Chinese telecom equipment firm Huawei Technologies Co Ltd (華為) Australia chairman John Lord said yesterday that there are still parts of Australia’s US$38 billion national broadband network (NBN) the company is interested in bidding for, despite a government ban.
Australia has blocked Huawei from tendering for contracts relating to Australia’s NBN because of undefined security concerns.
However, Lord said in a television interview that he still believes portions of Australia’s telecommunications infrastructure should be open to research and technology from outside sources and the company would push ahead for that business.
“Our argument will always be that there are core parts of the national infrastructure that companies like us would not expect to be in,” Lord said in an interview with the Australian Broadcasting Corporation (ABC).
“We would still argue that there are parts of the NBN that are perhaps suitable,” he added.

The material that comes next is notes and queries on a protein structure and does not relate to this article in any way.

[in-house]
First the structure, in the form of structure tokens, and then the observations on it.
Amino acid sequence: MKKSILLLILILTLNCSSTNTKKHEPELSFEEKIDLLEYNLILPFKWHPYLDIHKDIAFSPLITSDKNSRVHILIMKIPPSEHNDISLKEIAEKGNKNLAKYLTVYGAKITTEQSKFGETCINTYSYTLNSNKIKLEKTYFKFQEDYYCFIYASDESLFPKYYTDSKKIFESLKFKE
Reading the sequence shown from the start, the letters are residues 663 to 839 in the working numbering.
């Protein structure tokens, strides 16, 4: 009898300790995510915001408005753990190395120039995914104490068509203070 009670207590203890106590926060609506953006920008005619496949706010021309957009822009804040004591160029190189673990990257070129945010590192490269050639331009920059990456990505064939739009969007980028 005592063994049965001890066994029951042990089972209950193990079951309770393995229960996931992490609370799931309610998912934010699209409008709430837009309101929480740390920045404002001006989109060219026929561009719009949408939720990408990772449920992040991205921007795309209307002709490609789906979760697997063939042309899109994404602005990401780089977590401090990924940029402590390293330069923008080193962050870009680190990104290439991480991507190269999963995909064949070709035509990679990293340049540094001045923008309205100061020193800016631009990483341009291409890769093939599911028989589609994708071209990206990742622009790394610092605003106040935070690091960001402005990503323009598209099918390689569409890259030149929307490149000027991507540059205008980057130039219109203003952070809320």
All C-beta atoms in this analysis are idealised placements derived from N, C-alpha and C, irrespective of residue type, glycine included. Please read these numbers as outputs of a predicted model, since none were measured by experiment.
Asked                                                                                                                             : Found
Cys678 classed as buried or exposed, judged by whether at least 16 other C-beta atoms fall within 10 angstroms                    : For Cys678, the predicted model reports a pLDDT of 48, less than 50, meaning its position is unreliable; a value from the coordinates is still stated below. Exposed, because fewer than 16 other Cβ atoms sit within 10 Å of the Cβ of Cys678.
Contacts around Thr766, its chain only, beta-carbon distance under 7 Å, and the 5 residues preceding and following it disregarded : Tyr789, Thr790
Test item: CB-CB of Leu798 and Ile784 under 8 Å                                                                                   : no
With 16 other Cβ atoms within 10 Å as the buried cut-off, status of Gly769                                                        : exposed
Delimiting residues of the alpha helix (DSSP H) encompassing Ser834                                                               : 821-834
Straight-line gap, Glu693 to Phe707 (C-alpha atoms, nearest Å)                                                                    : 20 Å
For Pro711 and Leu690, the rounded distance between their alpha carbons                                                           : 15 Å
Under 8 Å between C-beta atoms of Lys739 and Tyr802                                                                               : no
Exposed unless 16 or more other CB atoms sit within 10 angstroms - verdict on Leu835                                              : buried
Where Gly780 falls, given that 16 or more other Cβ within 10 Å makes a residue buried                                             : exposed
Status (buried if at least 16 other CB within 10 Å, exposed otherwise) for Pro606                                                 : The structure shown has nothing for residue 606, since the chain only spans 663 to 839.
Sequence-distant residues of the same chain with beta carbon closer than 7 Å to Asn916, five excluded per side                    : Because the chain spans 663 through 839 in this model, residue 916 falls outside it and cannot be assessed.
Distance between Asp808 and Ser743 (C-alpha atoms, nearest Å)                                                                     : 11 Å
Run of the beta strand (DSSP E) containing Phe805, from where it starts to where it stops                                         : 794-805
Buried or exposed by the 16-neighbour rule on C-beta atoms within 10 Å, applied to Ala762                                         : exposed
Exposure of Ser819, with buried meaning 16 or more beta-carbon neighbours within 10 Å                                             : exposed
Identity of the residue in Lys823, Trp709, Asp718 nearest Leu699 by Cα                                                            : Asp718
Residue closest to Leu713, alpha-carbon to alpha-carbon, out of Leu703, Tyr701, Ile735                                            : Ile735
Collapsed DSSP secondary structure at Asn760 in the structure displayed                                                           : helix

The ban has prompted comment from Australia’s largest trading partner, China.
After news of the ban on Huawei was reported last week, the Chinese Ministry of Foreign Affairs called on the Australian government to provide fair market access for Chinese companies.
Huawei has made a submission to Australian Prime Minister Julia Gillard’s strategy paper on “Australia in the Asian Century” that argues for bringing technologies into Australia from some “not so traditional sources,” Lord told the ABC.
Lord said he hoped that the decision to exclude Huawei from tendering for Australia’s NBN was based on national interest and not because it was Huawei or a Chinese company.
Huawei started its Australian operations in 2004 and has expanded its business across Australia, New Zealand and the South Pacific.
The company was founded by its chief executive Ren Zhengfei (任正非) a former officer in the People’s Liberation Army, a fact that has fueled claims that he has a cosy relationship with the Chinese government — a claim denied by the company.
The Shenzhen-based firm, like cross-town rival ZTE Corp, has been struggling to expand into the US, which blocked its telecom equipment deals citing national security concerns and allegations the company violated sanctions by supplying Iran with censorship equipment.